Murder, blackmail and car theft will be on the agenda for dozens of students in Armidale this week – not as offenders but as crime solvers at the longest-running forensic science camp for secondary students in the country.
Starting today (10 July) and running until Saturday 14 July, The Armidale School Forensic Science Camp has this year attracted 89 boys and girls from 28 schools in NSW, Qld, the ACT and for the first time, the Northern Territory.
Reaching adulthood – this is the 21st year – the camp has enduring appeal, according to this year’s camp director, TAS Year 10 student Lucy Ball.
“The fact that it is student led is a very engaging and important part of the camp and makes it quite unique and different to other academic extension opportunities,” she said.
“Besides, because it is a forensic camp it has a ‘gory’ element which, like TV crime shows, draws people right in.”
During the next four days the 89 campers, all in Year 8, are put in teams to solve one of seven different scenarios that have been developed by 14 Year 9 ‘controllers’ who attended the camp last year. Management is overseen by half a dozen Year 10 students who are also responsible for logistics including recruitment, catering, and organising accommodation on campus and other activities.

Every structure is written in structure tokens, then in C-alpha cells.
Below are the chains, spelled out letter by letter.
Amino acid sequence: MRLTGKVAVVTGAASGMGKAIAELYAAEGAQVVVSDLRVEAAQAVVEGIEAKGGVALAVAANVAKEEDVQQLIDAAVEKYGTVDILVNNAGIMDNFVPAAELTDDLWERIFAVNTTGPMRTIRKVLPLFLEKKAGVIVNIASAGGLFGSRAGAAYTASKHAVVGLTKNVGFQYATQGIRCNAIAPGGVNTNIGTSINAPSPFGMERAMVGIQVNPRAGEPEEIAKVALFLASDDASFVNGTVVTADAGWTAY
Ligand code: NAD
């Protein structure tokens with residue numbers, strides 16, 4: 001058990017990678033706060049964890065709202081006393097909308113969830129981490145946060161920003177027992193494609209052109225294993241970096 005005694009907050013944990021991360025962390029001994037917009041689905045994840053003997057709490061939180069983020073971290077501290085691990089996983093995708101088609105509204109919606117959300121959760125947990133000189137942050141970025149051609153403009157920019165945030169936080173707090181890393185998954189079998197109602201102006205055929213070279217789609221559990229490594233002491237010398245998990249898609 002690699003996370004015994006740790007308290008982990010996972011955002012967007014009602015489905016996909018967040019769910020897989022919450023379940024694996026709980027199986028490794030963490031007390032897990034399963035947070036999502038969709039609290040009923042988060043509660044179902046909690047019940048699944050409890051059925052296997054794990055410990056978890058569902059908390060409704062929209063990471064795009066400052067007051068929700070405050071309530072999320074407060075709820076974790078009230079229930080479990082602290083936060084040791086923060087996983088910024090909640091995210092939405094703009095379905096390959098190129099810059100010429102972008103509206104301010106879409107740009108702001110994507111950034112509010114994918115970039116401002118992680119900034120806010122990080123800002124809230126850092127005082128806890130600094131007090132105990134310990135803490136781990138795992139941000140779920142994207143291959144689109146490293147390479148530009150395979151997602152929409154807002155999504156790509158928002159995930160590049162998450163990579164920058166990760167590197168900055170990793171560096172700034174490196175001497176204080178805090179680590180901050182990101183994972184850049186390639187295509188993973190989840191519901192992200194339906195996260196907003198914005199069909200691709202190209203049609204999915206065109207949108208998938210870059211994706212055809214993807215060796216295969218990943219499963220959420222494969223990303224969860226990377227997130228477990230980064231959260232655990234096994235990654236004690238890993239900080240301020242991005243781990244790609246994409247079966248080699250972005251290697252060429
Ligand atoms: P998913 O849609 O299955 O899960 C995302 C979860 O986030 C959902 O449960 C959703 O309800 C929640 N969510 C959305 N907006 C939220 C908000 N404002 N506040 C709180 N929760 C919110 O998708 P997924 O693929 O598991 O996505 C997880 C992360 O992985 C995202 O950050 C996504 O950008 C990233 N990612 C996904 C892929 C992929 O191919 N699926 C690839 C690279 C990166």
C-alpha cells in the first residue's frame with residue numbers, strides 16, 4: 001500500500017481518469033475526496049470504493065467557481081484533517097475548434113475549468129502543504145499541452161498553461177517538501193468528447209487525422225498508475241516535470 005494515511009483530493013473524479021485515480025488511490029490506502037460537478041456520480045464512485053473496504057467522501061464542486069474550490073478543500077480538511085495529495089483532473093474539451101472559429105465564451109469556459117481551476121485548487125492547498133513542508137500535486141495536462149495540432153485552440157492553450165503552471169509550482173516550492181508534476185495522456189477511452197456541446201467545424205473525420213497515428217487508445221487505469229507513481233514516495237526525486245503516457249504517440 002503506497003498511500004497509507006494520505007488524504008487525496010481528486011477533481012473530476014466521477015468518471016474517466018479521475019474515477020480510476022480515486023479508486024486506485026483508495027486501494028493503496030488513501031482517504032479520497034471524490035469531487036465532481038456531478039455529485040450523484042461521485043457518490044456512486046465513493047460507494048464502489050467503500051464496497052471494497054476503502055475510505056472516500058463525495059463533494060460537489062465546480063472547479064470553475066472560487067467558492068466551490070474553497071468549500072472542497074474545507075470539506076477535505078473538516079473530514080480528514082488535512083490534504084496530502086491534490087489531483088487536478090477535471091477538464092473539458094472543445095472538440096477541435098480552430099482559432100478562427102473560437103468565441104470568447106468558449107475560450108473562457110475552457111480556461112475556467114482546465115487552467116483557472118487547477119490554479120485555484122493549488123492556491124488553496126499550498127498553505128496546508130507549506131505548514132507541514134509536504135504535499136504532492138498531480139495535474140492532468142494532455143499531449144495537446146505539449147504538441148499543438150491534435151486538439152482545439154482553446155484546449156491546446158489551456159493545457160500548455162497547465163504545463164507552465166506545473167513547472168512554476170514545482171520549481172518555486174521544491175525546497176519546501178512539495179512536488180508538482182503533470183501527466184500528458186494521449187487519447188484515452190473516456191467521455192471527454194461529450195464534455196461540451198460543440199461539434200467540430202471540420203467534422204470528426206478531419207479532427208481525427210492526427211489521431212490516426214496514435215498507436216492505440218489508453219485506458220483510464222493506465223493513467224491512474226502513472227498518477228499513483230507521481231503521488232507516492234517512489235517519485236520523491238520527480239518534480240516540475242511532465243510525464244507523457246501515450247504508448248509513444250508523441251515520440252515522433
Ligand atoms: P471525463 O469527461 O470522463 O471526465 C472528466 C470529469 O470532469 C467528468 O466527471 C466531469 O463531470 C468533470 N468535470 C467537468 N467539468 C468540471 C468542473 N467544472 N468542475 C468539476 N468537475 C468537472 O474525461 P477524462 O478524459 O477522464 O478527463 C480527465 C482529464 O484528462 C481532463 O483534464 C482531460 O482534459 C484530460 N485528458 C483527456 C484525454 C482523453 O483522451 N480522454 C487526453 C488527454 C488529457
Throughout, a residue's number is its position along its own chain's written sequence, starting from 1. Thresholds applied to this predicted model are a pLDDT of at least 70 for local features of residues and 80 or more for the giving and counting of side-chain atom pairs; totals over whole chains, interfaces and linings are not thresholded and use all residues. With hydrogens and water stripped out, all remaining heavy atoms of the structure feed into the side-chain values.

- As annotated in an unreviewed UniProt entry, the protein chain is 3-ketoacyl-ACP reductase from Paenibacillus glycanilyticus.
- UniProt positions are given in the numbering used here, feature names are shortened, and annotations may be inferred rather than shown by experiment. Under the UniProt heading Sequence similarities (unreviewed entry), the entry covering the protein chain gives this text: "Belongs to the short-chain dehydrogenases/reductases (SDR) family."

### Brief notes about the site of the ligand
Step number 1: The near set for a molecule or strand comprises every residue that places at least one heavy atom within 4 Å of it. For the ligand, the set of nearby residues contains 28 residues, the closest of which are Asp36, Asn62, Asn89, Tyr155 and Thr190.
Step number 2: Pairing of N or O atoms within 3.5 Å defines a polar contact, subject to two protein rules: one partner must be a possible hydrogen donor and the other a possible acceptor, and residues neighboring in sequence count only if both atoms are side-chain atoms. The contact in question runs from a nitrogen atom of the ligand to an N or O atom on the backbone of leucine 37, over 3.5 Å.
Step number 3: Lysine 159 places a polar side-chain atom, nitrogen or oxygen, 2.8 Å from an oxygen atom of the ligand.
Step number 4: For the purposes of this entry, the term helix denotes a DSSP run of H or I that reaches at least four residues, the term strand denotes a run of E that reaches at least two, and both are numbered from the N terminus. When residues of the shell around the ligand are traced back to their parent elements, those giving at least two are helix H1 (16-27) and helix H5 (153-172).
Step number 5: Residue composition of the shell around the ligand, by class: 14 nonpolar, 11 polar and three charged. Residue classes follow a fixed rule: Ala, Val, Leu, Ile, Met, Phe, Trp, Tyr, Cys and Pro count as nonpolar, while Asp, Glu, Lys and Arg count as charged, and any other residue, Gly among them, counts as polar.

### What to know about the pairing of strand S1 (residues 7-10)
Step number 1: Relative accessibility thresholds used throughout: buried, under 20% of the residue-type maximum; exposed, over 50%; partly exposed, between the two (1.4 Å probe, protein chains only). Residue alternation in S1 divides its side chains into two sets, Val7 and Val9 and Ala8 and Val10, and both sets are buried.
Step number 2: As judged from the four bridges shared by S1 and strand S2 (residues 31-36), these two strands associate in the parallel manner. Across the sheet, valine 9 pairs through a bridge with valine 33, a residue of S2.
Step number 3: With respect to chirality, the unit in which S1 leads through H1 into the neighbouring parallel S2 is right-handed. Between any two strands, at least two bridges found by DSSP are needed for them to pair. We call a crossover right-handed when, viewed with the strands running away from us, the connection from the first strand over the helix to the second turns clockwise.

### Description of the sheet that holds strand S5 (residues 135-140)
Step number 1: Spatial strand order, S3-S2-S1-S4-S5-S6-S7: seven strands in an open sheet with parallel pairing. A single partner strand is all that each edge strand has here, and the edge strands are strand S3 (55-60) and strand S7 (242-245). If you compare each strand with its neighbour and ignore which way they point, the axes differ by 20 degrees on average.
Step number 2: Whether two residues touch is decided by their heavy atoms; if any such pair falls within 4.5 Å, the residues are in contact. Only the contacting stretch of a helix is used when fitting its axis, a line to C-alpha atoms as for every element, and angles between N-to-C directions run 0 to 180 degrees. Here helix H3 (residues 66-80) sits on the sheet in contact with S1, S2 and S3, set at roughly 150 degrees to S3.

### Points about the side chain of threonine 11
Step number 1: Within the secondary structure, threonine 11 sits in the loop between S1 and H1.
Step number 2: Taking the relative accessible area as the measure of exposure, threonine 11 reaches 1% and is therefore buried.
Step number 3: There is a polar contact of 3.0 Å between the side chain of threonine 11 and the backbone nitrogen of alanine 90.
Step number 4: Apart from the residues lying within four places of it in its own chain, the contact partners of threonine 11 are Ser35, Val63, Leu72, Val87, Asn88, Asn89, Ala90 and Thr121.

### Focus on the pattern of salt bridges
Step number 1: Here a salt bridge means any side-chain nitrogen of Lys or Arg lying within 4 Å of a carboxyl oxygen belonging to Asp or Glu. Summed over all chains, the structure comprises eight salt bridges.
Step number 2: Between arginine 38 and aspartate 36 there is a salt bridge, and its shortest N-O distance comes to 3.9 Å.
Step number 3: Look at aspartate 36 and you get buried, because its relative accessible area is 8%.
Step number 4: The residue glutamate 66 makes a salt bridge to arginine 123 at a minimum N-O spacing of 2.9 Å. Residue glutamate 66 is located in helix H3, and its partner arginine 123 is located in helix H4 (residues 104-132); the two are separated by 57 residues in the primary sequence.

“The campers learn a range of professional skills such as DNA, blood and fibre testing, cryptography and fingerprint analysis, as well as how to apply logic and look for the finer details that can make all the difference – all as part of a team which is likely to include people you didn’t know before,” Lucy said.
Having attended a management camp at TAS in late January to nut out their scenarios and create their ‘evidence’, the scenario controllers have been at TAS since Saturday putting the finer details together before the first-time campers arrive this afternoon.
The camp culminates on Saturday when teams present their committal cases to a legal professional (Armidale solicitor Mr Tim Rice) who takes on the role of a magistrate and determines if the cases are strong enough to go before a court.